Debunking The Connection Between Alcohol and Mood Swings at Skyward Treatment Center in Houston. 

You may have observed changes in a person’s mental state, like irritability and depression, in someone you know who is struggling with alcoholism. Alcohol and mood swings go hand in hand, thus this is to be expected. This condition is commonly known as “alcoholic mood swings.” Let’s delve deeper and get to understand the connection between alcohol and mood swings.

Alcohol and Mood Swings 

It’s common knowledge that heavy drinking alters one’s behavior. Many folks abuse alcohol to attempt to alleviate unwanted feelings. When depressed, many people turn to alcohol in the hope that it may lift their mood. Also, many people abuse alcohol to alleviate anxiety and settle their nerves. Many of us have probably tried drinking to soften our moods. Alcohol, however, is never a good way to lift one’s mood or fix one’s issues. In reality, however, excessive alcohol use may have the opposite impact.

Does Drinking Alcohol Cause Mood Swings?

Certainly, alcohol abuse is linked to a variety of emotional changes. There may be some temporary improvements in mood due to alcohol consumption, but the effects of drinking are often negative in the long run. The neurotransmitters dopamine and gamma-aminobutyric acid (GABA) are two of the many that alcohol affects in the brain and central nervous system (CNS). Alcohol increases the production and release of these neurotransmitters, which is why most people who drink report feeling calm and happy (a “buzzed” state) after a few drinks. However, alcohol’s effect on mood worsens with increased intake.

There are many ways in which alcohol causes mood swings:

  • Unstable dopamine levels. Dopamine is a neurotransmitter involved in reward and pleasure. The release of this neurotransmitter is affected by alcohol. At first, alcohol consumption can increase dopamine levels, which in turn can increase feelings of well-being and enjoyment. This is nonetheless temporary since the levels of this neurotransmitter decrease as the alcohol wears off. Dopamine is a neurotransmitter that contributes to a positive mood, but low levels can lead to depression, sadness, or irritability.
  • Unstable GABA levels. Alcohol induces the production and release of the inhibitory neurotransmitter, GABA. GABA can help bring on a state of calm and drowsiness by decreasing brain activity. This may lead to exhilaration and reduced anxiety at first, but continued alcohol usage is associated with a rebound effect that includes increased anxiety, mood swings, and irritability.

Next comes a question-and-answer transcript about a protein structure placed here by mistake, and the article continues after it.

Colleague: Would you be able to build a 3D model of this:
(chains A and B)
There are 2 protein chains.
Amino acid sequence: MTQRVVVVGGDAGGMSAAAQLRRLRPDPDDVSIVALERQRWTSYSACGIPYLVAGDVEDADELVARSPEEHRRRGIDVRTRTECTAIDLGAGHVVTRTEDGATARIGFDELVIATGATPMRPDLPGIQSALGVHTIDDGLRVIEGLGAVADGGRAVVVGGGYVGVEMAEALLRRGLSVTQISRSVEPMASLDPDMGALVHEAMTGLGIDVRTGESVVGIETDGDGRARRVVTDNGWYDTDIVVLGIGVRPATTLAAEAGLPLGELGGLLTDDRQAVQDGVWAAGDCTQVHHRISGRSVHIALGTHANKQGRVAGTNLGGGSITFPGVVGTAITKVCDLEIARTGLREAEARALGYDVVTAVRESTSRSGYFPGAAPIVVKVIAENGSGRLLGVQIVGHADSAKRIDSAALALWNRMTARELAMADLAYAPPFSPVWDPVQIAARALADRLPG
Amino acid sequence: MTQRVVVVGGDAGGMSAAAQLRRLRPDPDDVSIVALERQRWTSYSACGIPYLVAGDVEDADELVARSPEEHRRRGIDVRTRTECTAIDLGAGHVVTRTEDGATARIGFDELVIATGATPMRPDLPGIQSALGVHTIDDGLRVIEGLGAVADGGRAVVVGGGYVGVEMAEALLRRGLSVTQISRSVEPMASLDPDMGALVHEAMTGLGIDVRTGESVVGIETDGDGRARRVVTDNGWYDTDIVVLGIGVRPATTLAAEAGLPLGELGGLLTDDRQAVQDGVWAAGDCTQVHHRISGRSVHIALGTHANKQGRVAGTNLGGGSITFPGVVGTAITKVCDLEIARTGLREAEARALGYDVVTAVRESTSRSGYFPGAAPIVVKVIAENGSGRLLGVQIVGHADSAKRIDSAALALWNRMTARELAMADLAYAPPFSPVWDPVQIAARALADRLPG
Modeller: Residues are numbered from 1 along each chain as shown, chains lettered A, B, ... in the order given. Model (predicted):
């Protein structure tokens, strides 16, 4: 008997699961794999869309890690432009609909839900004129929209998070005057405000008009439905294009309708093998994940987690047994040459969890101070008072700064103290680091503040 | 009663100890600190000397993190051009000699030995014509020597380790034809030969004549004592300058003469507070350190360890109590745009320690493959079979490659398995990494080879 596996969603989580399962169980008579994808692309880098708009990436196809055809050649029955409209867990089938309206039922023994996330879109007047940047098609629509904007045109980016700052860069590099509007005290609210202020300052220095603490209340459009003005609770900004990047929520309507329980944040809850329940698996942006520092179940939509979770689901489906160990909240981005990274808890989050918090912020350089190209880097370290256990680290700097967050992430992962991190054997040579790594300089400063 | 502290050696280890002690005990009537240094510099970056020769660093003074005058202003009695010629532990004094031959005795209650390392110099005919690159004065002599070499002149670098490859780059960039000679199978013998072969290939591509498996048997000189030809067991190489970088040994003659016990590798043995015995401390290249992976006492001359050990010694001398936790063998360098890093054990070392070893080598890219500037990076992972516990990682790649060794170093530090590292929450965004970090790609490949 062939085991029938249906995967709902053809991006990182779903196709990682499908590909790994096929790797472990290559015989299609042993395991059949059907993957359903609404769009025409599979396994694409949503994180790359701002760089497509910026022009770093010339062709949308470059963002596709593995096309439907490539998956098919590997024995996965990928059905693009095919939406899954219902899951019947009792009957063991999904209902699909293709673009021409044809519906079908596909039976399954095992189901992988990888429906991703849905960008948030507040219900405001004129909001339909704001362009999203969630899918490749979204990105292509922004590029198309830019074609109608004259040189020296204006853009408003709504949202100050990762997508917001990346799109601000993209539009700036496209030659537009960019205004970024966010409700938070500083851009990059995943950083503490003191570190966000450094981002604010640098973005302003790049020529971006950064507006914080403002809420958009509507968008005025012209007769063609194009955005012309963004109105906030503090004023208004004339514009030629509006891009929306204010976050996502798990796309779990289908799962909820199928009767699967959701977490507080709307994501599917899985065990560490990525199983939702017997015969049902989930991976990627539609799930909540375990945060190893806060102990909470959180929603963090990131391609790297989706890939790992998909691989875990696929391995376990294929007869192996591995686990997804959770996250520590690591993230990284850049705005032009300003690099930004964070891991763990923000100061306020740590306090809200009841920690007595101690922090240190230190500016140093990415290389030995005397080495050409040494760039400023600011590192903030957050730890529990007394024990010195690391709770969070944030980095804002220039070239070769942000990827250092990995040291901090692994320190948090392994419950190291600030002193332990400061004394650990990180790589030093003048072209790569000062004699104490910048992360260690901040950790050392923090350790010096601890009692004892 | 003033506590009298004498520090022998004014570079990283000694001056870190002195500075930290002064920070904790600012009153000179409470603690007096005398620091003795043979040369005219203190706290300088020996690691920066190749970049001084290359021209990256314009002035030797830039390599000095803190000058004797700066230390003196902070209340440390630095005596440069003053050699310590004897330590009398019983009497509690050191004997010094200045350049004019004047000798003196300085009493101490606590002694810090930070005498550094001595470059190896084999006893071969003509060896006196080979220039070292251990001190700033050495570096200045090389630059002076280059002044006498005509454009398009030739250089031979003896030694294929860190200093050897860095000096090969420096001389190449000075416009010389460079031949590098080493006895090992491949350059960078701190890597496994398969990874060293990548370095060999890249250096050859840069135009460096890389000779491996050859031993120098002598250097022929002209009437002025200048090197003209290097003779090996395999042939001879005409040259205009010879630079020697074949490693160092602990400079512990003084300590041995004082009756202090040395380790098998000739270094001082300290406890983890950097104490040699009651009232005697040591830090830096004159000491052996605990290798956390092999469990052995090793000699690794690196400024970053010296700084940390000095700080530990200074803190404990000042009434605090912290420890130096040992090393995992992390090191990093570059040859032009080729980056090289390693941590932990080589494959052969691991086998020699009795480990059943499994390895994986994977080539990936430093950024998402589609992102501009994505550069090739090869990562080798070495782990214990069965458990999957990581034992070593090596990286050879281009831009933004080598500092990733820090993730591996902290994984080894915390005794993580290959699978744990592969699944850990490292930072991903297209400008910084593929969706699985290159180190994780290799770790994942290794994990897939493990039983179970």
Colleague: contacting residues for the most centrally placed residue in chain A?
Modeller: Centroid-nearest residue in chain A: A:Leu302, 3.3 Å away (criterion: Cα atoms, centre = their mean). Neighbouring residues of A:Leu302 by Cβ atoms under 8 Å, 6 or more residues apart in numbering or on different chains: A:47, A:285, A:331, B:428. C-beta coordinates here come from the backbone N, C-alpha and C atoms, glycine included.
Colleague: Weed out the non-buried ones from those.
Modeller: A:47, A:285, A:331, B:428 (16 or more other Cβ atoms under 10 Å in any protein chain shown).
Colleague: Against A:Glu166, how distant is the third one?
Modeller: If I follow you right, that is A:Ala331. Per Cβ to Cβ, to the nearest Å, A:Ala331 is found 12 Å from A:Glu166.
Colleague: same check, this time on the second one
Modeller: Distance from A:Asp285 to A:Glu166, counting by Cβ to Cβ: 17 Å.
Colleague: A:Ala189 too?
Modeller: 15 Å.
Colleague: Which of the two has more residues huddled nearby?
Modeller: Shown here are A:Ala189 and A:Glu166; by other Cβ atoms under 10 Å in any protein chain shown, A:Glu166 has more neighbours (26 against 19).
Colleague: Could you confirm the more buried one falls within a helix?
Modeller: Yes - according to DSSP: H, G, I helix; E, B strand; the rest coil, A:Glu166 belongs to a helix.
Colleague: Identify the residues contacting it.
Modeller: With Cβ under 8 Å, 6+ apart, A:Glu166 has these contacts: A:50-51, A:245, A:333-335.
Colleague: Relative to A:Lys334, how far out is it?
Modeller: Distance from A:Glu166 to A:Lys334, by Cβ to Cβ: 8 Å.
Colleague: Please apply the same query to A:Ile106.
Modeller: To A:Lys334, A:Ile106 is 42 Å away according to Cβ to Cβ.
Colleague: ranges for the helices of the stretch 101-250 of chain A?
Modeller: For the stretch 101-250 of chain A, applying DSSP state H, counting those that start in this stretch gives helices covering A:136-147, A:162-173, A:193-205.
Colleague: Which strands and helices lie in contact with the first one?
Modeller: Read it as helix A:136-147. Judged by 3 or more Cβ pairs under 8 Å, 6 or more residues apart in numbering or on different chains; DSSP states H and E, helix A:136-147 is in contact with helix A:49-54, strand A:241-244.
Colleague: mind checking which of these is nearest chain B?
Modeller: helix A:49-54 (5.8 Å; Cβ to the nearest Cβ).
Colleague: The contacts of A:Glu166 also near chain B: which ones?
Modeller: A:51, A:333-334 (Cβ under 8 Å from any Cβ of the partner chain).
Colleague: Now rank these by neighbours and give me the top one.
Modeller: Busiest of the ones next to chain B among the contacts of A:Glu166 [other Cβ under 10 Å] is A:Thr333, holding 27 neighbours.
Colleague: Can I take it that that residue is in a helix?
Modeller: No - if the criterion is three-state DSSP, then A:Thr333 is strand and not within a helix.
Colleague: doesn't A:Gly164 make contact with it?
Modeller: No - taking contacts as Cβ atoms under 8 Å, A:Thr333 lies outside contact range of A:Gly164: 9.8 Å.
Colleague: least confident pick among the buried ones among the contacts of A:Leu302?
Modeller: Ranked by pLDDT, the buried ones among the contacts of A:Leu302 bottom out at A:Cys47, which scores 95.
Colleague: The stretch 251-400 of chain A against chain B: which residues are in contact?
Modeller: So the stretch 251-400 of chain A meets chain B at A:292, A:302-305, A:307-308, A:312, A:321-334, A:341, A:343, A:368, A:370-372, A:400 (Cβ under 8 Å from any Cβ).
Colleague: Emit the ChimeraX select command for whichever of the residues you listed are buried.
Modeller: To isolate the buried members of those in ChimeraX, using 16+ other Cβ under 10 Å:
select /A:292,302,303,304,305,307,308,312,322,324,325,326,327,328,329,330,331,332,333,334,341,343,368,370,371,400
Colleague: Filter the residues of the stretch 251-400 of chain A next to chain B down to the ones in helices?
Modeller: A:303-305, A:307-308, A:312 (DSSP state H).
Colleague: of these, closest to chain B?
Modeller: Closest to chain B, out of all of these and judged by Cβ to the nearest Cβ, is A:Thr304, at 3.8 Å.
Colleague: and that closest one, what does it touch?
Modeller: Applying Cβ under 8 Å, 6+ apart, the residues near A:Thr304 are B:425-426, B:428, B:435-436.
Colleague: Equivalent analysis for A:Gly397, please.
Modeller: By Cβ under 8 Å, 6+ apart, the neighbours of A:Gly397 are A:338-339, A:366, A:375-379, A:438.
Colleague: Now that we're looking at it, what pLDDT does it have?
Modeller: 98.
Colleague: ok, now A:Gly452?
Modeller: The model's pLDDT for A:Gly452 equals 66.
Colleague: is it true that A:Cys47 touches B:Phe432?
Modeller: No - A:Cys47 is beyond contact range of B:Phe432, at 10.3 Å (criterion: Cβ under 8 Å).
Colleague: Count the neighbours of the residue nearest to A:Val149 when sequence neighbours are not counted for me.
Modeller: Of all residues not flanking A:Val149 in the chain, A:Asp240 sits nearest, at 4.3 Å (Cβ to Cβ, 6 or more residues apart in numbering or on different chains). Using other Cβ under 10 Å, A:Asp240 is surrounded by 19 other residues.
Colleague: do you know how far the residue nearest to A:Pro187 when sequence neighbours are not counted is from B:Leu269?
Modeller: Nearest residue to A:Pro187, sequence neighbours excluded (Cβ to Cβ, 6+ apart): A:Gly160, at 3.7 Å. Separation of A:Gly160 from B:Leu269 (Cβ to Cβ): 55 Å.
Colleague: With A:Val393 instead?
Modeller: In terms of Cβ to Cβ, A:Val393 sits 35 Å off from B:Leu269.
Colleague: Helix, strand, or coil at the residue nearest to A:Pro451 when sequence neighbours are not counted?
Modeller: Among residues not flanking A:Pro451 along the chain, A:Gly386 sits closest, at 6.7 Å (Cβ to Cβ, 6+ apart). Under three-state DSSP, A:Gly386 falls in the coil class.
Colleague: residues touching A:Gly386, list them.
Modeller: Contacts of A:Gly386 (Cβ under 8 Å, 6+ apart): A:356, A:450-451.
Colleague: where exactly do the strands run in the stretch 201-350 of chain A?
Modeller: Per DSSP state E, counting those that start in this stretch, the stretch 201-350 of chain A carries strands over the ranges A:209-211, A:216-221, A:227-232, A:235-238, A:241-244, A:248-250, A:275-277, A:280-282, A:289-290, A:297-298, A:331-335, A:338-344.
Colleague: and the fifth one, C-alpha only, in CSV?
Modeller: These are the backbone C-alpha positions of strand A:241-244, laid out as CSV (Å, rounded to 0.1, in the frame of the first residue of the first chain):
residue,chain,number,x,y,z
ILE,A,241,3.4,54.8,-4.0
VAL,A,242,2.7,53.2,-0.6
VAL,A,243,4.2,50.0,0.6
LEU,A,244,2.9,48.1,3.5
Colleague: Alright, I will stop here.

• Lack of enough sleep. Both the quantity and quality of sleep can be negatively impacted by alcohol consumption. Of course, inadequate sleep is notorious for causing mood swings.
  • Since alcohol is a diuretic, it might cause you to lose a lot of fluids through increased urination. Dehydration has been linked to low mood, irritability, and less energy.
  • Negative experiences. Increased social problems and an increase in the propensity to engage in dangerous behavior have both been linked to alcohol consumption. Mood swings might be triggered by negative experiences or issues connected to alcohol consumption like broken relationships, engaging in risky behaviors, etc.

Recognizing the Warning Signs of an Alcohol-Induced Mood Swing

Mood swings caused by alcohol consumption can be challenging to manage. Take note of the following warning signs that someone you care about may be experiencing alcohol-induced mood swings:

  • Irregular sleep schedule
  • Out-of-character shifts in mood, such as abrupt anger, depression, or giddiness.
  • Changes in eating patterns or appetite.
  • Isolation or disengagement from others.

Contact Skyward Treatment Center for The Best Intervention Measures In Regard To Alcohol Addiction and Alcoholic Mood Swings.

It is essential that someone experiencing alcoholic mood swings seek expert care. Experts at Skyward Treatment Center in Houston, Texas, are ready to help anyone struggling with these two conditions. Our treatment programs encompass detox, inpatient and outpatient care, support groups like AA, etc, for alcohol addiction, and other holistic methods to manage alcoholic mood swings.